Easton Mobile Home Park is for sale, and its tenants plan to explore an option this weekend that residents of other parks have taken: Buy the property themselves.
The tenants say that although they worry that the park’s $4.7 million price tag might prove too high to pull off, they are concerned over what might happen if the property, which needs extensive repairs, is sold to another company.
“The biggest fear we have with a new owner is that rents will increase and none of the repairs that need doing will get done,” said Robert Martin, a past president of the Easton Mobile Park Association and current member of the park’s board of directors.
Martin said problems range from roads marred by potholes to old and leaky sewer and water lines. Rents were raised by 33 percent two years ago, but repairs remained undone.
“Anybody that buys this park in as-is condition needs their head examined,” Martin said. “They’re going to have to spend a lot of money to get it up to par.”
Morgan Management LLC, a New York-based company with six parks in Massachusetts, owns and operates the Easton park, which has 110 occupied units. Morgan’s lawyer, Robert Kraus, said the company has not yet received an offer for the property. Neither Kraus nor Morgan Management’s vice president, Kevin Morgan, returned calls seeking their reaction to Martin’s criticism of the park’s condition.
In mobile home parks, tenants own their individual units but rent the underlying land. One option open to park residents under Massachusetts law is to form a cooperative and buy the land themselves when it is being sold. But to do so, they must match whatever offer a prospective buyer has put on the table.
Martin and fellow board members have scheduled a meeting on March 2 with Community Development Institute, an organization that helps tenants throughout New England set up cooperatives and buy their parks. As owners, the residents would use monthly rents to pay off the loan for the purchase and do necessary maintenance.
Andrew Danforth, Community Development Institute’s housing program and financial manager, said he is aware of the conditions the Easton park tenants, as owners, would have to deal with. “It’s a difficult situation there,” he said. “The park needs lots of repairs.”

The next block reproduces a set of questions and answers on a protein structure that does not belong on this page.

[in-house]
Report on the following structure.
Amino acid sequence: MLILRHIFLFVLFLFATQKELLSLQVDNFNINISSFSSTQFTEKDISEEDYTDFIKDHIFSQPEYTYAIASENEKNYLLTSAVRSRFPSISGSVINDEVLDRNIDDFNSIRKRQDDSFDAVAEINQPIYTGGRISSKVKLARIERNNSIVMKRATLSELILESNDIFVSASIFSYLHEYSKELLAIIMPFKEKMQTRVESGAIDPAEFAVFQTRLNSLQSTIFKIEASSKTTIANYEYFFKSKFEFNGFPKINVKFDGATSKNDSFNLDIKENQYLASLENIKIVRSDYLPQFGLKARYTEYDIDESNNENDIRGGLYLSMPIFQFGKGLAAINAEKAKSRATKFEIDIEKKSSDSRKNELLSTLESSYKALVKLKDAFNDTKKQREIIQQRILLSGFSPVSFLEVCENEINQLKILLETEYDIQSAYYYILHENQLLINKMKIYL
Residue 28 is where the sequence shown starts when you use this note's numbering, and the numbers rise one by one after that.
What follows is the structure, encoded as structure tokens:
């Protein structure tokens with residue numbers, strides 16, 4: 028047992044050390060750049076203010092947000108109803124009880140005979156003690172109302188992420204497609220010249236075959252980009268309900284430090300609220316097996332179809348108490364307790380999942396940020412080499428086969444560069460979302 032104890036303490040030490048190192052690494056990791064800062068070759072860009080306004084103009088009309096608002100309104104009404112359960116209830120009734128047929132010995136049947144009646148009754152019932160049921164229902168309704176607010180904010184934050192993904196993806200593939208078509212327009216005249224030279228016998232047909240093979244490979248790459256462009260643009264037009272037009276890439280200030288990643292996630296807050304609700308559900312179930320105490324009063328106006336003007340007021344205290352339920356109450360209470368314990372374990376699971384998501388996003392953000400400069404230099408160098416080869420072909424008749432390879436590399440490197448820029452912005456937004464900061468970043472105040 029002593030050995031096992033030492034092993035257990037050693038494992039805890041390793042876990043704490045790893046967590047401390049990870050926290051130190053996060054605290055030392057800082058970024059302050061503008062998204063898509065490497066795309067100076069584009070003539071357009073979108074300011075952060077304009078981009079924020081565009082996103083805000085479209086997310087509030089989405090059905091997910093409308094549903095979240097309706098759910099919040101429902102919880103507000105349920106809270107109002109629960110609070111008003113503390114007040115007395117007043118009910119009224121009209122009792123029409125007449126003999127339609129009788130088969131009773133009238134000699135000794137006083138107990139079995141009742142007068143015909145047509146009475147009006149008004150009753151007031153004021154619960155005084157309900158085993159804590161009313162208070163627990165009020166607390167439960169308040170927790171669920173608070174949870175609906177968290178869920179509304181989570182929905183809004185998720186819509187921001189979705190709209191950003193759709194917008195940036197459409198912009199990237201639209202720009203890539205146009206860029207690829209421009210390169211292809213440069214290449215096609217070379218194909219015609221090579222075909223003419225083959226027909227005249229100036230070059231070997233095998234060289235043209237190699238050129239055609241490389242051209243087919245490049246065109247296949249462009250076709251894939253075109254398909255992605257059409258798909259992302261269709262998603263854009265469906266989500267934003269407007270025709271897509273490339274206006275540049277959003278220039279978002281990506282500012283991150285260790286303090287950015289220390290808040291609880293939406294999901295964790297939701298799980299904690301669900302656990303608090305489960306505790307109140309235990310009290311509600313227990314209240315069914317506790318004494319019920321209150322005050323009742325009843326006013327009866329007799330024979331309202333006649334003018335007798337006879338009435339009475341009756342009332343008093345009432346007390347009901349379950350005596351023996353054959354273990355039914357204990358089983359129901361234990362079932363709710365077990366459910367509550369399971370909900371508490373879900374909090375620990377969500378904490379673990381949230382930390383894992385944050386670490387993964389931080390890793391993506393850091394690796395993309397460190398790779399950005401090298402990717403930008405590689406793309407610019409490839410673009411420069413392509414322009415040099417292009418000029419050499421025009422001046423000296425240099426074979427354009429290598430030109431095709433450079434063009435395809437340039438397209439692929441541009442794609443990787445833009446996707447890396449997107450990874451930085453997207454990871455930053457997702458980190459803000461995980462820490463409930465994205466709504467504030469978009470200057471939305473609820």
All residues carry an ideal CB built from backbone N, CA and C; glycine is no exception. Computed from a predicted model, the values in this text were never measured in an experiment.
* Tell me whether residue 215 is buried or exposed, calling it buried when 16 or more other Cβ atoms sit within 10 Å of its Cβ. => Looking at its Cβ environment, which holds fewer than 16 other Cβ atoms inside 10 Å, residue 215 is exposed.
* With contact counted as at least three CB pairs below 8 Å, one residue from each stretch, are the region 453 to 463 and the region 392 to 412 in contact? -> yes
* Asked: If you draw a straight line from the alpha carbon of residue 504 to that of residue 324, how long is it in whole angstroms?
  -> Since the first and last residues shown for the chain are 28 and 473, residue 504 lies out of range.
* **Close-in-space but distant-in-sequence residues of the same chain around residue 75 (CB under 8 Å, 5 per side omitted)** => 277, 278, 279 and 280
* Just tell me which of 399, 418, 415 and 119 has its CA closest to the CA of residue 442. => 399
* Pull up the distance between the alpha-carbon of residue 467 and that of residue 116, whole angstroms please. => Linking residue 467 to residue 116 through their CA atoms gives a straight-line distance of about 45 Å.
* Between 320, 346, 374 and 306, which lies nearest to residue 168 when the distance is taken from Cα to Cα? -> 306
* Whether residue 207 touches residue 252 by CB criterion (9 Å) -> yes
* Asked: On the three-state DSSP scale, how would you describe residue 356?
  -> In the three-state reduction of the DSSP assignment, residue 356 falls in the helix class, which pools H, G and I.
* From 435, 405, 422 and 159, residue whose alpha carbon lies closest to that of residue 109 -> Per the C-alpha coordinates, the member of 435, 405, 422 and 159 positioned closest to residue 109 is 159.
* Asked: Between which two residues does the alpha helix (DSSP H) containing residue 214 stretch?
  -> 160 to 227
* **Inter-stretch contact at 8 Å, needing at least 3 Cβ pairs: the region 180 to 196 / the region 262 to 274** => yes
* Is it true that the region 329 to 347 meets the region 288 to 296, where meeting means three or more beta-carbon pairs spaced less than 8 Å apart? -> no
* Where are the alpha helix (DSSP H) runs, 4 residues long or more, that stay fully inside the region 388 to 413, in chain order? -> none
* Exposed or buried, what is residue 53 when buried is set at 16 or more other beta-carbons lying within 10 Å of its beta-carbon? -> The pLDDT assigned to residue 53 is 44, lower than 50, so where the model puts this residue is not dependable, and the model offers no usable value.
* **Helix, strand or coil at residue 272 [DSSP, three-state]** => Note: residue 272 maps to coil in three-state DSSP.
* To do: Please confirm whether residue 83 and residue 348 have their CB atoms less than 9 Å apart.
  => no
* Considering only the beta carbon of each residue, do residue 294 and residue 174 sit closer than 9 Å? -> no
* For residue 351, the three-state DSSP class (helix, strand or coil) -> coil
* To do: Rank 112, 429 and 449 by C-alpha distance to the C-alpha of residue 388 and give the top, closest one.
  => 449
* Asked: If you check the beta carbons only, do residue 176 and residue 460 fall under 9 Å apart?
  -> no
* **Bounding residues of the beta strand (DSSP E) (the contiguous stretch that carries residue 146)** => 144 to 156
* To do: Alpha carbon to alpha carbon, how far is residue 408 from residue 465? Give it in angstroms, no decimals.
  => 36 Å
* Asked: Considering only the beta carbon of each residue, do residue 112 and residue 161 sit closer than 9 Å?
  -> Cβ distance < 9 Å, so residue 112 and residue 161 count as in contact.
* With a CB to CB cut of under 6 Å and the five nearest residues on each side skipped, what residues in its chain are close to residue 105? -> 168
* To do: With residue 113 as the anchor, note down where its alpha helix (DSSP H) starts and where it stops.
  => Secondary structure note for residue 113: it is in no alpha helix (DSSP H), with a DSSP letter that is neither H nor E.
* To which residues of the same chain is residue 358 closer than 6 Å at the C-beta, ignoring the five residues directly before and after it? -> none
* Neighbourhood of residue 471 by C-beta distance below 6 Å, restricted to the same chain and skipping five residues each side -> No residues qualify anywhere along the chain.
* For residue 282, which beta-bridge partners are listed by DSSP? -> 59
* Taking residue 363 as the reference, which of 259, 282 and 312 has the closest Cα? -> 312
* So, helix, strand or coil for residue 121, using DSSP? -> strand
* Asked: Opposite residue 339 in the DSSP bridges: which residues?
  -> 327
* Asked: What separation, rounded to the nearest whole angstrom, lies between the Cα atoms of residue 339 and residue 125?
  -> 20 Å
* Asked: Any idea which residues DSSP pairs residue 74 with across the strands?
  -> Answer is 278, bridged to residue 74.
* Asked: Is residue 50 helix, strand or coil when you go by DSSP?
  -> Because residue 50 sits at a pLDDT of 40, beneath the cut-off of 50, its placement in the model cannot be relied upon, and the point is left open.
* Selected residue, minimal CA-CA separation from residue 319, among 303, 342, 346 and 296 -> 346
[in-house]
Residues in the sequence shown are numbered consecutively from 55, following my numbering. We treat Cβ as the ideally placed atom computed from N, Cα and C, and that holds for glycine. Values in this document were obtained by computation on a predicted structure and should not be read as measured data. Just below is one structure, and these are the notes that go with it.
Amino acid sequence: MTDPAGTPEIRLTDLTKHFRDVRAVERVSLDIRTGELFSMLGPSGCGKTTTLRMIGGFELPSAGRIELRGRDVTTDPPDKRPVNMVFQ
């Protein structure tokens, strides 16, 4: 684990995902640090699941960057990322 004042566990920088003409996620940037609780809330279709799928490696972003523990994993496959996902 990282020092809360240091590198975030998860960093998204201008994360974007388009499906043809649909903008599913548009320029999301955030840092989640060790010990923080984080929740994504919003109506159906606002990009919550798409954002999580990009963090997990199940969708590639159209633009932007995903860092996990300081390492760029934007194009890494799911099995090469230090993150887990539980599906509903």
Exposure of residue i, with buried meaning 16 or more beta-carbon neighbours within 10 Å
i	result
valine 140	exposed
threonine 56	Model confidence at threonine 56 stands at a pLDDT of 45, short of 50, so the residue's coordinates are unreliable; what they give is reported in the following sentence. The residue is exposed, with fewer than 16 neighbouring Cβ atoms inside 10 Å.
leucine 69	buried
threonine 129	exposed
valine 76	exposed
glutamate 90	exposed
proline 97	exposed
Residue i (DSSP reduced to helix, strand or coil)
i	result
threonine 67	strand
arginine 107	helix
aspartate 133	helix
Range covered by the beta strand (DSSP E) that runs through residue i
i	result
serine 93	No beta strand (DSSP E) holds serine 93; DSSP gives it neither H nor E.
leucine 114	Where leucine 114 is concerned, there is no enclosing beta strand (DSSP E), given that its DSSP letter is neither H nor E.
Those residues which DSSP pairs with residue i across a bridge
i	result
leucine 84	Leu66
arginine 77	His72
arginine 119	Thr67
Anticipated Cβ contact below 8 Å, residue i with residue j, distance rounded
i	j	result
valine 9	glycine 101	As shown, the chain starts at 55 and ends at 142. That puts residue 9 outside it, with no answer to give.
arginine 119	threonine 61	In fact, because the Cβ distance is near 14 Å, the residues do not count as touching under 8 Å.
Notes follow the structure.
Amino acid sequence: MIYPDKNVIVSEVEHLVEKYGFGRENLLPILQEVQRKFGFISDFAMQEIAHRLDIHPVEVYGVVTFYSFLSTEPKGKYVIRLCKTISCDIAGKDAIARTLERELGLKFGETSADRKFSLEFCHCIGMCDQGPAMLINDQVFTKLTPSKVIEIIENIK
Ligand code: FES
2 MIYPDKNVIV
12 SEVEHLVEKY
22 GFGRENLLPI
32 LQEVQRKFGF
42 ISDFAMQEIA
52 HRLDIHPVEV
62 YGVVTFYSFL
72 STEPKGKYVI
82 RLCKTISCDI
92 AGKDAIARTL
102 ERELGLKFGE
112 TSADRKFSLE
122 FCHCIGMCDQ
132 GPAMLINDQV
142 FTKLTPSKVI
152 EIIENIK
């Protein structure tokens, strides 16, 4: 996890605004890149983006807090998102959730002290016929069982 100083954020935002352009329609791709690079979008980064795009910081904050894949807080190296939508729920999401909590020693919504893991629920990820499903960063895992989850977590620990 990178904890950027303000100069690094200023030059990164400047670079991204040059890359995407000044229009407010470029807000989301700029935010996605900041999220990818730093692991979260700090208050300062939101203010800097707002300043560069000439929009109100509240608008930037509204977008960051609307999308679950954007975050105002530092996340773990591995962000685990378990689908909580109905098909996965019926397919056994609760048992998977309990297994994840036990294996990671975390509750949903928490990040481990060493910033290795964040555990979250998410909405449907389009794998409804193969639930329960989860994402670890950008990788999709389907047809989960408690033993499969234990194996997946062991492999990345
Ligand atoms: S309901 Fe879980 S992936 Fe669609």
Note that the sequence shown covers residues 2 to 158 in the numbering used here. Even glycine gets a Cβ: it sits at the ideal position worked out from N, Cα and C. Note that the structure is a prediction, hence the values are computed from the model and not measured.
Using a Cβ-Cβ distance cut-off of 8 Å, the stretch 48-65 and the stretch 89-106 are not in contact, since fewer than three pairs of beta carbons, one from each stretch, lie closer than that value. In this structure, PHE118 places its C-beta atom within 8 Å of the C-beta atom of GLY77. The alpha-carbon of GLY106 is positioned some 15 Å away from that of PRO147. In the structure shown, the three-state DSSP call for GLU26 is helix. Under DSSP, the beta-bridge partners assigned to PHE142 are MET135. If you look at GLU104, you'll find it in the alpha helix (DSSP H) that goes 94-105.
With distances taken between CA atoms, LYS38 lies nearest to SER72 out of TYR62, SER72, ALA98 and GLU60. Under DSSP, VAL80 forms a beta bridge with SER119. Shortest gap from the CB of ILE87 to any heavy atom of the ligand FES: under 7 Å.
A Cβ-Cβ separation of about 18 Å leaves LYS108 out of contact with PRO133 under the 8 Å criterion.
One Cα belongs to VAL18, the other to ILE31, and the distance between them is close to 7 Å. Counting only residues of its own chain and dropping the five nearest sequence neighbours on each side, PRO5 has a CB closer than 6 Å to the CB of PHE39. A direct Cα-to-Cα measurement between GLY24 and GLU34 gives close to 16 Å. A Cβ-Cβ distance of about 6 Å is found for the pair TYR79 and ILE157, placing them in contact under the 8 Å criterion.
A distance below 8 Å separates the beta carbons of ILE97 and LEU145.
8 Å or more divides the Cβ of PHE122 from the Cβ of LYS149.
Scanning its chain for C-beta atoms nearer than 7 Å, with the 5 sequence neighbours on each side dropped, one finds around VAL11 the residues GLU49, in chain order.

The Community Development Institute has helped 10 groups in the last 30 months take over ownership of their parks, said Danforth. Last summer, residents in Carver’s Cranberry Village and Pine Tree Village closed a $22 million deal for their parks, and last week, tenants in Plymouth’s West Wood Village bought theirs for $3.8 million.
Danforth’s agency is also working with tenants in Edgeway Mobile Home Park in Middleborough and Twin Coach Estates in Lake-ville, which are both on the market.
Martin said the board will listen to what Danforth has to say Saturday, but he expects that a plan to form a cooperative to buy the park will be a tough sell.
“We’ll see if it’s possible, then we’ll see if the residents want to do it,” Martin said. “Ninety percent of the people in the park, when you try to say to them it would be a co-op run by the residents, go off on a temper tantrum and won’t even listen.”
Danforth said tenants frequently “have wrong assumptions” regarding what it takes to buy their parks. “They think they have to come up with a lot of money,” Danforth said. “We talk to them about how it works.” His organization is partnered with ROC USA, a nonprofit organization that arranges financing for park cooperatives that requires no money down.
Still, board members will take some convincing Saturday. Member Lynn Cleveland said she has been unhappy with Morgan Management’s oversight of the park since the company bought it in 2003 and she worries about what will happen under a new owner. But Cleveland doesn’t believe residents have the ability to purchase the park themselves and oversee repairs.
“To us, this would be something really big to be doing,” Cleveland said. “My personal opinion is there’s so much work to be done in the park that I don’t think we could afford to buy it.”
Easton voters approved a rent-control bylaw more than a year ago, placing mobile park rents and minimum standards of operation under the authority of a town-appointed board. The provision cannot go into effect, however, until the Legislature approves a related home-rule petition, which has yet to happen.
“If we don’t buy the park, we just have to hope rent control would be passed by the time it sells,” Martin said.